A few months ago a respected tech icon in the NonStop market wrote about the future of HP-UX. Dr. Bill Highleyman thought that the forecast which I'd offered on Itanium was dubious -- that announcing an Odyssey project to get the best of HP's Unix onto Linux meant the end of Itanium, therefore also HP-UX -- and it was nearby. I would invite Dr. Highleyman, plus anyone in our community who remembers losing hundreds of thousands or even millions of dollars of MPE business, to have a look at the archive of documents that's been curated by All Things D.
Some of the least fortunate customers will now have to migrate away from HP's Unix. Or they can live in the fine-tuned OS afterlife beyond HP. Given the health of Hewlett-Packard's business these days, maybe that post-HP afterlife will seem more lively.
At the least, life in the afterlife will honor the economic advantage of an OS built for a chip the vendor owns, like MPE and PA-RISC. Unix planners are being invited on an HP Odyssey to commodity computing. How anybody can cost-justify that journey, instead of a genuine commodity solution -- well, that feels like a well-kept secret. What's going to be out in the open in the lawsuit trial is more muck, and murk, around the genuine future of the last proprietary OS that HP's ever going to build.
May 17, 2012
Emails show HP studied Itanium's end in '07
Oracle released a thick sheaf of HP emails this week to prove HP-UX has a dim future. Oracle sells an alternative to HP's Unix, Solaris, a campaign led by former HP CEO Mark Hurd. There's juicy goo in these pages that shows how a loyal customer base using an HP product gets treated during that product's downturn.
In Oracle's campaign to convince customers that HP's been managing an Itanium demise for years, lawsuit emails are the ammo. The two companies are at legal war by now, dueling lawsuits that will go to trial later this year. HP wants a database for its Itanium server customers. Oracle wants to quit maintaining development for the Integrity machines. Being ever-eager to do battle, Oracle released documents for the public to "use in deciding who's right about Itanium's future." You can look over the originals online. The emails are from HP executives and are part of the lawsuit evidence.
Over and over, in emails between the GM of Business Critical Systems Martin Fink and others at the top of HP's computing food chain, the messages show that Itanium -- and the future of HP's Unix -- has long had an inevitable end. One that HP has seen clearly and communicated less so. HP has been pressing Intel to continue with Itanium development for almost five years by now. While Hewlett-Packard hasn't been planning the end of HP-UX, the end of Itanium amounts to nearly the same thing -- because HP's Unix won't ever be ported to the Xeon/x86 Intel processors.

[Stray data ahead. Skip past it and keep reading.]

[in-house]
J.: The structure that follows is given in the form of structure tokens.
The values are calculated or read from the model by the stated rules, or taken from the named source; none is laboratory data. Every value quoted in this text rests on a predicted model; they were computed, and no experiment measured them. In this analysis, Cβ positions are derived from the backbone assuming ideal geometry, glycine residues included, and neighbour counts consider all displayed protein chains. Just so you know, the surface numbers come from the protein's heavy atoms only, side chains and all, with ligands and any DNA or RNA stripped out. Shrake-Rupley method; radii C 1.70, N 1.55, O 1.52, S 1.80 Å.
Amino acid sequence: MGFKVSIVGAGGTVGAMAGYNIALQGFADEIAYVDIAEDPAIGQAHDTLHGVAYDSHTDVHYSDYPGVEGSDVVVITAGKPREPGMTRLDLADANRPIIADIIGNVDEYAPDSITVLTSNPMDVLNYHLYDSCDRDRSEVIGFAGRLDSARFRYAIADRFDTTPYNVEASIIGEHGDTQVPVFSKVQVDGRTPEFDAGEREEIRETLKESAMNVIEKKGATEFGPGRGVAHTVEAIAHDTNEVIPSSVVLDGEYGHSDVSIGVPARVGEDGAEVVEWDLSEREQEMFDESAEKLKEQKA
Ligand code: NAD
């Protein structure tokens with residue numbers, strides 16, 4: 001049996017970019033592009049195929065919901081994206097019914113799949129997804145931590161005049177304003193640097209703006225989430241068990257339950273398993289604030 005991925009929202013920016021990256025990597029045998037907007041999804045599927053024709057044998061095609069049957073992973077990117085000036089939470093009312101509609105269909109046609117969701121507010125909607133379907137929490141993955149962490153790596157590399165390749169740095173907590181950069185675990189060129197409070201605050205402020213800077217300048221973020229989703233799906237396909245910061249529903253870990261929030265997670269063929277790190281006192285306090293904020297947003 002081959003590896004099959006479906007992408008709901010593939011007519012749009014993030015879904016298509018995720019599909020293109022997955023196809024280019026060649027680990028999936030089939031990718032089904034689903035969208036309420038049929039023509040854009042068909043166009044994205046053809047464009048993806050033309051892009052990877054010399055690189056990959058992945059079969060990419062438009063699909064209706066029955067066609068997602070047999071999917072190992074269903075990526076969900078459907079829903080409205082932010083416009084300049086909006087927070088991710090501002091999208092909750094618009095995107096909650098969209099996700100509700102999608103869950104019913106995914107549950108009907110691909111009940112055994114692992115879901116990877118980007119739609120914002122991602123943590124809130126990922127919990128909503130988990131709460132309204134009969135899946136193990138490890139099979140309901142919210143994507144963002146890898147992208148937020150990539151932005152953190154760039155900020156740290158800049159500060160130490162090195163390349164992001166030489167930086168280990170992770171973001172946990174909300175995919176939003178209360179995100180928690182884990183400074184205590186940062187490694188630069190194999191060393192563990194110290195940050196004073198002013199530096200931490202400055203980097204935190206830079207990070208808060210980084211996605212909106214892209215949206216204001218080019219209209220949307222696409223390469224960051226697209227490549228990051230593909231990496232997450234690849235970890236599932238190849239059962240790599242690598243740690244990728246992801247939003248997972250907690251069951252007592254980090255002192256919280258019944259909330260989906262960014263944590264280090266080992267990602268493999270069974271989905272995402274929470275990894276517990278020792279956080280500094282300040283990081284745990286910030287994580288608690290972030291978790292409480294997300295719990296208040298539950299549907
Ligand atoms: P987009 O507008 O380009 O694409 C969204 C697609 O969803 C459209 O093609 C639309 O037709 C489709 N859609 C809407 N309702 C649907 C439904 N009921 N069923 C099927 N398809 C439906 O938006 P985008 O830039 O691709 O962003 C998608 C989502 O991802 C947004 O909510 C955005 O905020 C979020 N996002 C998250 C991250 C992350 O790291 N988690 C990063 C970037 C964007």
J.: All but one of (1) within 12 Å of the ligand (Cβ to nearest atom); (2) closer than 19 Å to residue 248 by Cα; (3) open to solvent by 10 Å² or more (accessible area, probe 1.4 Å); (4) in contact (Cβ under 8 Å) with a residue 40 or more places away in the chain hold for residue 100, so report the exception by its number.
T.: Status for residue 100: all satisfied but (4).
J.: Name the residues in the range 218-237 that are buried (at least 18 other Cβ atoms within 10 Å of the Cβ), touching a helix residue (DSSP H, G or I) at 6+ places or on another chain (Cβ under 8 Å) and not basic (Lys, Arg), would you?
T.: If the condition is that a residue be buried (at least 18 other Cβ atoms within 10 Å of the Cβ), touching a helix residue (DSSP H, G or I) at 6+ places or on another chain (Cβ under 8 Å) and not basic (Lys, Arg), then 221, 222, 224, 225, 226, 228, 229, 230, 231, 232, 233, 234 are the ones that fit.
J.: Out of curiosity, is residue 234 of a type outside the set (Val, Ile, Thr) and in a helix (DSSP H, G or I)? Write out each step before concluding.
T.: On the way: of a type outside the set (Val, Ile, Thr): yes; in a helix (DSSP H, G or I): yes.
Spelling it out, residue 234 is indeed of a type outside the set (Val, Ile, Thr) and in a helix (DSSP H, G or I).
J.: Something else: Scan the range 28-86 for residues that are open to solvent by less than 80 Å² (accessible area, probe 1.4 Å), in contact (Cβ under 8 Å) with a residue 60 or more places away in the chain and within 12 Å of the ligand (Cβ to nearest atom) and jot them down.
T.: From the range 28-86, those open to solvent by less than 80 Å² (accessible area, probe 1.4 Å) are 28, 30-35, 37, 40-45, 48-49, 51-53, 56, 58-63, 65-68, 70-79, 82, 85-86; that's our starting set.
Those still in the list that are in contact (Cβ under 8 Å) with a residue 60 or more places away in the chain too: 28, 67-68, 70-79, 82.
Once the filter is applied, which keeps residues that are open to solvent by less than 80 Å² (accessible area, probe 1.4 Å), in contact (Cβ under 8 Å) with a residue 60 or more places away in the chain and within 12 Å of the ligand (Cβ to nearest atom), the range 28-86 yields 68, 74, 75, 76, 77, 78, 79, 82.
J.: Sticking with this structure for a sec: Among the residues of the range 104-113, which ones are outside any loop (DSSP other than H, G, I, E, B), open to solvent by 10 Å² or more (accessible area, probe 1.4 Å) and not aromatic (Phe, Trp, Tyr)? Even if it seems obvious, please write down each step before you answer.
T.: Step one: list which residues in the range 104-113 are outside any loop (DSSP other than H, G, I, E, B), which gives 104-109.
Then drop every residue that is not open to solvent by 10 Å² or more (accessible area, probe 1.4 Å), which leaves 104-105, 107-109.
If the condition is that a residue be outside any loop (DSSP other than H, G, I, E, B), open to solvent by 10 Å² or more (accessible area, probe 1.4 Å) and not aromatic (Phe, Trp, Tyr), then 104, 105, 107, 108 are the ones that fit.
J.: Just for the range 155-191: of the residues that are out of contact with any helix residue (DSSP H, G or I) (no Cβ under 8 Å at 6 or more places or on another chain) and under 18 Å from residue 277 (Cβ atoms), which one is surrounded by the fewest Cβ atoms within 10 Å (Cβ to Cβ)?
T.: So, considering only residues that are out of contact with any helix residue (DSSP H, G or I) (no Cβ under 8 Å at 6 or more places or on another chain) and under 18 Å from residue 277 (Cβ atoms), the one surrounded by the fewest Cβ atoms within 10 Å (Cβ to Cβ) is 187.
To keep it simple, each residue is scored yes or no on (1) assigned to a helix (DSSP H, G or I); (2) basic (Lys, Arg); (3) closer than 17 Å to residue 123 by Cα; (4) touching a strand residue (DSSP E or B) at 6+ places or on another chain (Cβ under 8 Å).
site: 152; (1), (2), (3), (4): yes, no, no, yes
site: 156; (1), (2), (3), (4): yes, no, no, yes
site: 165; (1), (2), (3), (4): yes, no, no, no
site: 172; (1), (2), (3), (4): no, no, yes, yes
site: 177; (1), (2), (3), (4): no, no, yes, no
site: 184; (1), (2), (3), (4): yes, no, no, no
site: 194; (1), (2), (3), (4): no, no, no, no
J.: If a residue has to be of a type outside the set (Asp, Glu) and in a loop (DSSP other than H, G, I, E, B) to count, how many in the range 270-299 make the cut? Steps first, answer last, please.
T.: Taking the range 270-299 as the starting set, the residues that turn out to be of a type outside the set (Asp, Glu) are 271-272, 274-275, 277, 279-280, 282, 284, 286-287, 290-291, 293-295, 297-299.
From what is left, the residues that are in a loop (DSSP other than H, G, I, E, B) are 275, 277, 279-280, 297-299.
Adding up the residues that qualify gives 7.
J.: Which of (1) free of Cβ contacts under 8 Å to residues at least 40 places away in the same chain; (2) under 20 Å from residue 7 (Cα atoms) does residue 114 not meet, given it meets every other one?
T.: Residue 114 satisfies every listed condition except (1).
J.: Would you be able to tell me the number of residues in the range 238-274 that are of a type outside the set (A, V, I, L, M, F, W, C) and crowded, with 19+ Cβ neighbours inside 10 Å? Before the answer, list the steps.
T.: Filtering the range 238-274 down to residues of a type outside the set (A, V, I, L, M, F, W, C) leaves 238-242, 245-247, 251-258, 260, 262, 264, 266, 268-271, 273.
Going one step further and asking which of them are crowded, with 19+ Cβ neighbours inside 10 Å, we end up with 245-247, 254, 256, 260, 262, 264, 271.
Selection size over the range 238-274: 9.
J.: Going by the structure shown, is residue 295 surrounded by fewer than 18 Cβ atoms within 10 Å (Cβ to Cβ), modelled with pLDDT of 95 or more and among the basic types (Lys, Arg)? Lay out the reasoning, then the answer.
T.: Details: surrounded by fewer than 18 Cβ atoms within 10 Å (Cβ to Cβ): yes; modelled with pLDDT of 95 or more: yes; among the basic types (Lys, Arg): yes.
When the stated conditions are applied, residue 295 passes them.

The flood of HP's email from Oracle offers a look into HP's corporate plan to hang onto enterprise customers who use a proprietary HP enterprise platform. It's a situation similar to the one HP 3000 users faced in 2001, when Hewlett-Packard made an internal decision to stop developments on MPE/iX and to shift onto the Itanium hardware. HP held all the cards in that decision: OS, PA-RISC chip design and manufacture, even the database. This Email-Gate, however, shows how relying on Intel and Oracle for the Unix chip and database left HP with a "binodal" choice, according to a 2007 company email to HP's Executive Council. At that time HP was a strong supporter of converting your HP 3000 to a Unix system.
Binodal, for anyone not familiar with thermodynamics, is "the boundary between the set of conditions in which it is thermodynamically favorable for the system to be fully mixed, and the set of conditions in which it is thermodynamically favorable for it to phase separate." HP had a point in '07 where Intel told the vendor that carrying Itanium further required core redesign. Costly, in the set of conditions to rebuild. Or Intel could crash-land the processor family, and move away from the wreckage.
"The choices appear binodal," said the email from Joe Lee in Sept. '07 about Itanium strategy. "An expensive plan vs. a crash landing. [Intel CEO] Paul [Otellini] added that we need to address the inevitable on the future of Itanium, stressed that Intel cannot keep losing money on the product line, and asserted that what's really needed is a compelling migration story."